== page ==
Establishing Common Ground: Cultural and Family Values in Career Decision-Making
by Yas Djadali
It’s the end of the academic year. A student comes into the Career Center, visibly distressed and somewhat anxious. The student sits down, takes a deep breath, and says, “My parents want me to be a doctor, but I’m failing Biology. I want to major in the Arts, but am afraid about how they would react. I don’t know what to do.”
This scenario is not uncommon. As a Career Counselor at the University of California, Irvine, I am fortunate to work with a very diverse population of students: Asian American, Hispanic, and Middle Eastern, to name a few. Throughout my experiences, I have noticed time and time again how cultural and family values can impact career decision-making. Being a Persian-American myself, my family’s values were largely shaped by the Persian culture, which places high value on education, prestige, and financial security. Consequently, careers in medicine, law, and engineering, are encouraged and in many families expected.
What happens then when a student wants to pursue a different path, like the Arts or the Social Sciences? In some cases, the student is both encouraged and supported by his or her family. However, for many students I have counseled, this is not the case. Often times, the student is forbidden to pursue such an “unstable” career, which can be highly discouraging for the student and very strenuous on family relationships.
So as a Career Counseling professional, how do I approach this situation? Tell the student to think independently from his or her parents? Suggest pursuing his or her passion, regardless of the family’s reaction? Absolutely not! In some families and in many collectivistic cultures, like the Asian, Hispanic, and Middle Eastern cultures, family and group decision-making is highly valued. So who is to say that an independent mindset is the “right” way to be? As helping professionals, it is imperative that we consider the “whole” person, and in doing so, tailor our counseling approach accordingly.
I first begin by recognizing the common ground between the student and his or her family. I often state, “It is obvious that both you and your parents have your best interest in mind. You each just have a different idea of what that means.” It is not a question of right or wrong, but rather one of conflicting values.
Second, I encourage students to identify their own values and those of their parents, so that they can begin to see where the discrepancy lies. Once they have identified this discrepancy, we can begin to discuss how to reach a compromise. This process involves:
Let’s take an example: A female college sophomore states that she is interested in Studio Art, but her parents want her to major in the Physical Sciences. Once I have listened and gained a good understanding of the situation, I can proceed with the following steps:
1.I first have the student complete a values assessment, comparing her values to those of her parents. In doing so, she identifies a conflict between her value for working in her interest field and her parents’ value for high income.
2.The next step is research. I refer the student to online and Career Library resources, where she researches occupations that allow her to express her creativity. Her search may include finding out about sample job titles, typical career paths, opportunities for advancement, salary ranges, etc. This information can help address some of the concerns or questions raised by her parents.
3.Third, the student develops a timeline, which identifies specific action steps she plans to take each year for the next five years and specific deadlines for completing them. These steps may include applying for an internship, identifying and pursuing research opportunities, and so on.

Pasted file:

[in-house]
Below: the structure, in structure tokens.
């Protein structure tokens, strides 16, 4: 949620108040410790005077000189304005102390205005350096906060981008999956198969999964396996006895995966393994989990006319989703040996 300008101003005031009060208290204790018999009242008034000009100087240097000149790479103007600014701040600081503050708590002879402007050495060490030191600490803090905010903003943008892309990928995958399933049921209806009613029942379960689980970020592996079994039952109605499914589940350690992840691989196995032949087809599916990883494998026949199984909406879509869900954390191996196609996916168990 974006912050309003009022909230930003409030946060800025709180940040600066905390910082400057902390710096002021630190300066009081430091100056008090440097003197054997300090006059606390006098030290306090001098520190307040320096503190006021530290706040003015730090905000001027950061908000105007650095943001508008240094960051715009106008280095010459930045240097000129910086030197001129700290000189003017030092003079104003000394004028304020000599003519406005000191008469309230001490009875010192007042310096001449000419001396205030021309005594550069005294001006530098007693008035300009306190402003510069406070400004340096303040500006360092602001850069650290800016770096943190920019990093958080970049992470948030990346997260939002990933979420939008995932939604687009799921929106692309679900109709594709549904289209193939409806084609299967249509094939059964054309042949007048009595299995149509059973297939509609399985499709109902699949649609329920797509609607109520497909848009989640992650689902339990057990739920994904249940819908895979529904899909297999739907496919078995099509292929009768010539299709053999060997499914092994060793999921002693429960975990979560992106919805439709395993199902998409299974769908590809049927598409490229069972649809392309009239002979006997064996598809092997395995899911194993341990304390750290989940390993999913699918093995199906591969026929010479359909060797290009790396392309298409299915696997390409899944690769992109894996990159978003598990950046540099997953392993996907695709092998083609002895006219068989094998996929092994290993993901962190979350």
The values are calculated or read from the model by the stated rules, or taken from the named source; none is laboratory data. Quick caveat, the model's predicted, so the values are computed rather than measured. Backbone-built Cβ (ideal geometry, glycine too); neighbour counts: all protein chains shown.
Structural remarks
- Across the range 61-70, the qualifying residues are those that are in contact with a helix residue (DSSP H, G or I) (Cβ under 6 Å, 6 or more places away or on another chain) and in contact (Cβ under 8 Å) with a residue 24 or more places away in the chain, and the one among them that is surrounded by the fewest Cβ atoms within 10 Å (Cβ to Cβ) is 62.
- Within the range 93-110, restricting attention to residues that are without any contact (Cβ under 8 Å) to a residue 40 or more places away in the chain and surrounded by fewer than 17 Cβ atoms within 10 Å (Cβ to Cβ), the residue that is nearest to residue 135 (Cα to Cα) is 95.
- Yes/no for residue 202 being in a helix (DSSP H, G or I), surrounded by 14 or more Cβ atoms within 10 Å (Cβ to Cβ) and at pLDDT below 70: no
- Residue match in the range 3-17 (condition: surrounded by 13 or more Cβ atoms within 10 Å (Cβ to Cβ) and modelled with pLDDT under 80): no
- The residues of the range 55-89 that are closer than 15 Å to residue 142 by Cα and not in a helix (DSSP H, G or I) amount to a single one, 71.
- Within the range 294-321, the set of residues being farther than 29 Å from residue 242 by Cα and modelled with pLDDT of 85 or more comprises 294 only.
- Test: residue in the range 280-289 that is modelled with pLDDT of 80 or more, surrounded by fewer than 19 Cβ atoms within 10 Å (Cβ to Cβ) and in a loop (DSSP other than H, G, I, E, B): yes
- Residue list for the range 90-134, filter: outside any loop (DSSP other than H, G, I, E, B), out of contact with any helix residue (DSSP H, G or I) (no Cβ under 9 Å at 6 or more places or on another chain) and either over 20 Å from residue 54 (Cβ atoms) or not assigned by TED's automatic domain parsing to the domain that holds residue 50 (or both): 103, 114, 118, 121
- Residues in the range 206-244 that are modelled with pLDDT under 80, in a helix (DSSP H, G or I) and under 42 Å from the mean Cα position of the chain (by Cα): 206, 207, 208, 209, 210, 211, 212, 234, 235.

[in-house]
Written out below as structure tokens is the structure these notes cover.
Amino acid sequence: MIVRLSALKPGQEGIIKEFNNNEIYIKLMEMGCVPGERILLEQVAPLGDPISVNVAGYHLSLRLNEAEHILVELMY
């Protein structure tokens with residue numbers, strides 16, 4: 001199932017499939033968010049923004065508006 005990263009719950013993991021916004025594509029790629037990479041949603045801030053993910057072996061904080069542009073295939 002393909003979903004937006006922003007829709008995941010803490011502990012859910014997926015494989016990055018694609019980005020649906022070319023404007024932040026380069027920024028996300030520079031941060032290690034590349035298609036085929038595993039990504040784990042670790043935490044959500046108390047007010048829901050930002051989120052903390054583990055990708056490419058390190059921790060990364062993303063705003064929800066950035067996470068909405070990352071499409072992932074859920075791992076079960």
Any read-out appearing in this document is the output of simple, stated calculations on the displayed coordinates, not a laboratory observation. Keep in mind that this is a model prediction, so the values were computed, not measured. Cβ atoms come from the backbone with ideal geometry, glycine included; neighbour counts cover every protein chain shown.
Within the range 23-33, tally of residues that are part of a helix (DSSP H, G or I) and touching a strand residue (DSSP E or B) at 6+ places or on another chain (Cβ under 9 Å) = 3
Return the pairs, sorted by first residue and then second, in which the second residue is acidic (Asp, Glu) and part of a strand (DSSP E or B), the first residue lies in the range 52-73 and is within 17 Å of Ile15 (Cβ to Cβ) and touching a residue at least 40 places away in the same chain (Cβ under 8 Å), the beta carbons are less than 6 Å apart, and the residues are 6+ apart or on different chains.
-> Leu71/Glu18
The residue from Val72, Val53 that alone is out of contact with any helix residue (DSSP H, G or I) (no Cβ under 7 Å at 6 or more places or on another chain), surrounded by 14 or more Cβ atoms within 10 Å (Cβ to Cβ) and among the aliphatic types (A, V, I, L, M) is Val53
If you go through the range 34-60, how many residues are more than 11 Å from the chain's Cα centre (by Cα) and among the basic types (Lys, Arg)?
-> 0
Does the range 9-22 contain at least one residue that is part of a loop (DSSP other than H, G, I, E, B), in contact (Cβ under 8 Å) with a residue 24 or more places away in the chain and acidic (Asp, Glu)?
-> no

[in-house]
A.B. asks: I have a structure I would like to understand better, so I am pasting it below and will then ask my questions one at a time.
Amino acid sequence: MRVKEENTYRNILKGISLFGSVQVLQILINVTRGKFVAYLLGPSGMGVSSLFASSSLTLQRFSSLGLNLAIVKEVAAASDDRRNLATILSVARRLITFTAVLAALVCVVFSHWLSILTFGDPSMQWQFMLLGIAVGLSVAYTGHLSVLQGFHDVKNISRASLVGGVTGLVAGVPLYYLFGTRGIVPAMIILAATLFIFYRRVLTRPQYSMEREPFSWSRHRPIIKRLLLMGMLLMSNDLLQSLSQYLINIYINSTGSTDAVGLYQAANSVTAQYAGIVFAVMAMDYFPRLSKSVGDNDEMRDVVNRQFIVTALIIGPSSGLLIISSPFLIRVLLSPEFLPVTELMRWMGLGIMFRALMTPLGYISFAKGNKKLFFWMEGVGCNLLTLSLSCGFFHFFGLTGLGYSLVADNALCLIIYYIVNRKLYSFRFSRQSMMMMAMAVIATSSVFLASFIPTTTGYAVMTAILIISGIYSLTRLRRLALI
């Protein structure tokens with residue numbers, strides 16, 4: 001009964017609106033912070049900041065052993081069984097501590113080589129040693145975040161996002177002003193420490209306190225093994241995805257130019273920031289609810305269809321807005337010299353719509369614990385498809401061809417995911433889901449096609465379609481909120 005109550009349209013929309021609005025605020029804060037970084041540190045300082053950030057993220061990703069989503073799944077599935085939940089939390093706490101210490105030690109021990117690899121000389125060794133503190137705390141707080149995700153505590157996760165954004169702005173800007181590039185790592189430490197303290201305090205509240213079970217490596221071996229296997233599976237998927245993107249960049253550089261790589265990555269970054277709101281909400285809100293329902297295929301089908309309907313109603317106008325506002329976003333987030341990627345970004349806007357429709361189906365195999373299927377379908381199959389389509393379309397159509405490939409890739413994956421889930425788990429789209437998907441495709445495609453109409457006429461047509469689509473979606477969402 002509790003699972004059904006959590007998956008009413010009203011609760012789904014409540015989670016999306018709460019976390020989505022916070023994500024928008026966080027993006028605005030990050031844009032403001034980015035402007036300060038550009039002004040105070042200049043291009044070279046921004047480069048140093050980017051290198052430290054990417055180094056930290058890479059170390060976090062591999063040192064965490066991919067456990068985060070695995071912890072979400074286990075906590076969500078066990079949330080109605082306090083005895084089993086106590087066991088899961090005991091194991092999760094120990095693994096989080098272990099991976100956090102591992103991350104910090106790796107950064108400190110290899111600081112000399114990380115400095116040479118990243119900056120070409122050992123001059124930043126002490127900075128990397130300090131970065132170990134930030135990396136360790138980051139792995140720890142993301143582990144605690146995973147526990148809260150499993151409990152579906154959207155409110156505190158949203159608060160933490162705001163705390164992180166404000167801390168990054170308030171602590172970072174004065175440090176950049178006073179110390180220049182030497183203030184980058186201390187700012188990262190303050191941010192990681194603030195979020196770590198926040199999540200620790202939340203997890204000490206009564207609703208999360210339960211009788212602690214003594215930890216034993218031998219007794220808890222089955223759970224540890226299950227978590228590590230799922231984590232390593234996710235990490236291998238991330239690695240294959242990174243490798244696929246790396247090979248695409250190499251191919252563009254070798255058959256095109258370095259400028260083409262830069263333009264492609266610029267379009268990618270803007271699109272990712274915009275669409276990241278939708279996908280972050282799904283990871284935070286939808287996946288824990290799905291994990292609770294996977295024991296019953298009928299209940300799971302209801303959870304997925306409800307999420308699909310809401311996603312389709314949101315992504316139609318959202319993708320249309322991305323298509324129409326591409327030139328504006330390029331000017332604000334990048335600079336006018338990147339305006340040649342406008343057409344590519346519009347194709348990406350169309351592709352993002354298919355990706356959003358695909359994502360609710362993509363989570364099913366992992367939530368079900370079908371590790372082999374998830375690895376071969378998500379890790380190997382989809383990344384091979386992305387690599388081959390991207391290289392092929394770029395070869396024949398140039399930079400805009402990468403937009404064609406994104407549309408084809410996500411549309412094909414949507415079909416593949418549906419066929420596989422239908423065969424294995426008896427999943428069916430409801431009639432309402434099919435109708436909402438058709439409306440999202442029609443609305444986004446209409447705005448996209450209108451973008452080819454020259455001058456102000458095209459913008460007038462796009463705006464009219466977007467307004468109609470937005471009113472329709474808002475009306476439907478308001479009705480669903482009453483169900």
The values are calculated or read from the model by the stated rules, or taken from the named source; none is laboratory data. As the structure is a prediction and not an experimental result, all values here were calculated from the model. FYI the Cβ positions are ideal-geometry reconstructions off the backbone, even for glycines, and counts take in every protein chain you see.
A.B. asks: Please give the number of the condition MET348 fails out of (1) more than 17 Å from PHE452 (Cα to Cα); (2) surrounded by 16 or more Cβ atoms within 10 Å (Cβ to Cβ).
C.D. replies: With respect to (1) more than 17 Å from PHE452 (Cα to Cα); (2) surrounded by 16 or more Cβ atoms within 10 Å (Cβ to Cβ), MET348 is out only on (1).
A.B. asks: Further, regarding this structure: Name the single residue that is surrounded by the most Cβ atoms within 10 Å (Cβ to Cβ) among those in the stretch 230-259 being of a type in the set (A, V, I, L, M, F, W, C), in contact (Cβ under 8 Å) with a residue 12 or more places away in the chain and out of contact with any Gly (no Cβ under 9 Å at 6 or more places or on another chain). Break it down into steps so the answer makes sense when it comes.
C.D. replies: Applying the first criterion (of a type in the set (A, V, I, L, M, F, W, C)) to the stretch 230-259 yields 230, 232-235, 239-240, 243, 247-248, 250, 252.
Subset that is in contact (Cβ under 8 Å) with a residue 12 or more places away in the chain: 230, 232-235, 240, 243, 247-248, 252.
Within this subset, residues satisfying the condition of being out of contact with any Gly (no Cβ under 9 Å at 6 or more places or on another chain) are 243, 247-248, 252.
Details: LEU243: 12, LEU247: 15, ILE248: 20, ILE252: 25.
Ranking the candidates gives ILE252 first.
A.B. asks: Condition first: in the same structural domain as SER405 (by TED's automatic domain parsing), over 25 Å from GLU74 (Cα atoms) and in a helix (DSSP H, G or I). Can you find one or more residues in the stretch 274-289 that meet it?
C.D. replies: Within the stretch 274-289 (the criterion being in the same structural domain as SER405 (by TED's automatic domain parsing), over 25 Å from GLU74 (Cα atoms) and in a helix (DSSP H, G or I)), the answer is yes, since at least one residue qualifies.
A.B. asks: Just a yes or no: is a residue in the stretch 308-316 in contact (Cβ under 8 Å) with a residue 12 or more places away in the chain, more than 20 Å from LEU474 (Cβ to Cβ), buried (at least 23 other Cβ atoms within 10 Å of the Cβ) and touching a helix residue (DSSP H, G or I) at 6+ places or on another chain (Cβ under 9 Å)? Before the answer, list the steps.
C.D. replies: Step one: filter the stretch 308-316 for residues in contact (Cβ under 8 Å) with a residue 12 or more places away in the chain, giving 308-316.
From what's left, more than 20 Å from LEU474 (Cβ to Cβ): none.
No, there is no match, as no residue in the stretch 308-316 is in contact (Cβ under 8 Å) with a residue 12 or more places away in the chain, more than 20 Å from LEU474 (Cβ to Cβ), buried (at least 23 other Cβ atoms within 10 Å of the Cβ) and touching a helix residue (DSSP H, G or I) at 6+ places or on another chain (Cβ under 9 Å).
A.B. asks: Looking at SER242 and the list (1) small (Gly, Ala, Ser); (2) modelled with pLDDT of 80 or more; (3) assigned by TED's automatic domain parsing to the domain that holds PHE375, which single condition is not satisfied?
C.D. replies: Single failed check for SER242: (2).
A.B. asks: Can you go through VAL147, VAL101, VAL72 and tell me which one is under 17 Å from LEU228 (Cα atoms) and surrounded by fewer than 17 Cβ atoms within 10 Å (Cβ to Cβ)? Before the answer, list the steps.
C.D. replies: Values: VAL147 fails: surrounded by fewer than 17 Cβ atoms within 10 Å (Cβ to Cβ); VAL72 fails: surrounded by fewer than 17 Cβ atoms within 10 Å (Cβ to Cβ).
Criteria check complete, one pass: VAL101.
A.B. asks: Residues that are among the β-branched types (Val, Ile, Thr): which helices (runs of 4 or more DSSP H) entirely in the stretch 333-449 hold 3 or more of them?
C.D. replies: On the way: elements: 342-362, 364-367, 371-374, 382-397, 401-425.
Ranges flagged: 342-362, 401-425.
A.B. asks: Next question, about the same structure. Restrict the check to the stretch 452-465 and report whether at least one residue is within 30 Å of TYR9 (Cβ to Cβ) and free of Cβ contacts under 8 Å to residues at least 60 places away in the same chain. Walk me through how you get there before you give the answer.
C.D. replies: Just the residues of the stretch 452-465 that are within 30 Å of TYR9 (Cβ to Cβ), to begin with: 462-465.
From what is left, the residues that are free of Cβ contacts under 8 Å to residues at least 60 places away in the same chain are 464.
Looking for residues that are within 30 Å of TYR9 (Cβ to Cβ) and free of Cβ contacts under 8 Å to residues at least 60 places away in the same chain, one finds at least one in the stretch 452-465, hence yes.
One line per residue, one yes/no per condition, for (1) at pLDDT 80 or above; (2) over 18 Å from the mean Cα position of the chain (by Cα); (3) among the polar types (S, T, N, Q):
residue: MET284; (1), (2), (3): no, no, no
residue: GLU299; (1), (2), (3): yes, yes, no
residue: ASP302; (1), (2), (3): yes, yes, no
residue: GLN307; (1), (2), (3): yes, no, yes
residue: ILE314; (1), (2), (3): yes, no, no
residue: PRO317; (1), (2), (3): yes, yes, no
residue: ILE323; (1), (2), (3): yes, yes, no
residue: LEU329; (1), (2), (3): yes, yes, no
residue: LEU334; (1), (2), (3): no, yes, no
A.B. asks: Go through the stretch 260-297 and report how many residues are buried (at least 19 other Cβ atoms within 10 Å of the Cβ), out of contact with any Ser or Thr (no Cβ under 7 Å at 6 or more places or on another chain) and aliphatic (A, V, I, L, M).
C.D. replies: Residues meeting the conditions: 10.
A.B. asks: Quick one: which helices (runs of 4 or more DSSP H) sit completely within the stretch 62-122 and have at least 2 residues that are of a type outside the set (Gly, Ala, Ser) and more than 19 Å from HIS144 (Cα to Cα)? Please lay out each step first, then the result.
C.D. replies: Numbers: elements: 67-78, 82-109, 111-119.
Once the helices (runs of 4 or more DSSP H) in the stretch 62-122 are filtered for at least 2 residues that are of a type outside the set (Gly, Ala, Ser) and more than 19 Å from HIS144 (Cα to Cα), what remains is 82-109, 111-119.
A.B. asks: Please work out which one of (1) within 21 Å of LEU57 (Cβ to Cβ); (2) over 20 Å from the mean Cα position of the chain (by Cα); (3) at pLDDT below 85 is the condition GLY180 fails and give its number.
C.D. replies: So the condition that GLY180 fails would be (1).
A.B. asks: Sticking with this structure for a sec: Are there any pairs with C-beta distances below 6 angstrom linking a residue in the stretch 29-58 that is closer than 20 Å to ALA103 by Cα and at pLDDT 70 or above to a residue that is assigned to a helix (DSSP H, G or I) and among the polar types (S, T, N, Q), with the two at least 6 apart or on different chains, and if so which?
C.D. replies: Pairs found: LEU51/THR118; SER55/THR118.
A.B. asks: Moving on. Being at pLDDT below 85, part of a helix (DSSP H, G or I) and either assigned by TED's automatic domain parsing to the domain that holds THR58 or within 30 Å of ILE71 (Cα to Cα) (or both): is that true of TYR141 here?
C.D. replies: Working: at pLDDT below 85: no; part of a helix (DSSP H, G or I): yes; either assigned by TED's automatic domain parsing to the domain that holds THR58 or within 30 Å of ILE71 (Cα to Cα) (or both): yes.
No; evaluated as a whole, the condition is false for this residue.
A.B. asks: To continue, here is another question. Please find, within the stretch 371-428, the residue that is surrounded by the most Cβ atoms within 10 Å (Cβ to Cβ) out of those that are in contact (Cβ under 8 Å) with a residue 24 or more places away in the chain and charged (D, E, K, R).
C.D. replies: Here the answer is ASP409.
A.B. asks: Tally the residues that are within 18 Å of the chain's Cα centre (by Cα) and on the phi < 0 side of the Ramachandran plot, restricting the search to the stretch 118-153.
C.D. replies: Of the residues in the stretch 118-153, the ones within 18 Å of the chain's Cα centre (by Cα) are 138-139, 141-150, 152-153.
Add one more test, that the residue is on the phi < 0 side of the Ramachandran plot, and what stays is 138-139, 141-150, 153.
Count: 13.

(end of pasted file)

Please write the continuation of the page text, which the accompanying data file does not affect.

Once the student has completed this process, she then approaches her parents with all the information she has collected regarding her interest field and her specified action plan. By following this approach, students often come out of the process feeling more motivated, better organized, and more confident about communicating their desired goals. I find that parents are often more receptive to this because the student has provided them with the necessary “facts” to envision a successful future.
Although this process might alleviate some of the student’s distress and reduce communication problems in the family, it still does not guarantee support or encouragement of his or her desired career path. Whether the family has been influenced by different cultural work values, or has just been exposed to a different world-of-work, there is not always a comfortable resolution.
As Career Counselors, it is important that we maintain our professional boundaries and are clear about our limitations. We can promote self-awareness and provide career exploration and job search resources. After that, however, it often comes down to our ability to listen, empathize, and provide a supportive relationship, to which students know they can return if and when they are ready.
Yas Djadali received her Bachelor of Arts in Psychology from the University of Kentucky and her Education Specialist and Master of Science degrees from The Florida State University. She is also a National Certified Counselor and a Distance Career Counselor. During her graduate study, Yas was a Career Advisor at FSU’s Career Center and a Co-Instructor for an undergraduate Career Development course. Currently, Yas is a Career Counselor at the University of California, Irvine Career Center. She is the liaison to the School of the Arts, the School of Humanities, the Lesbian, Gay, Bisexual Transgender Resource Center, and Transfer Students. Yas also co-instructs an undergraduate Career & Life Planning course. For more information, contact email@example.com or visit the UC Irvine Career Center web site at www.career.uci.edu.
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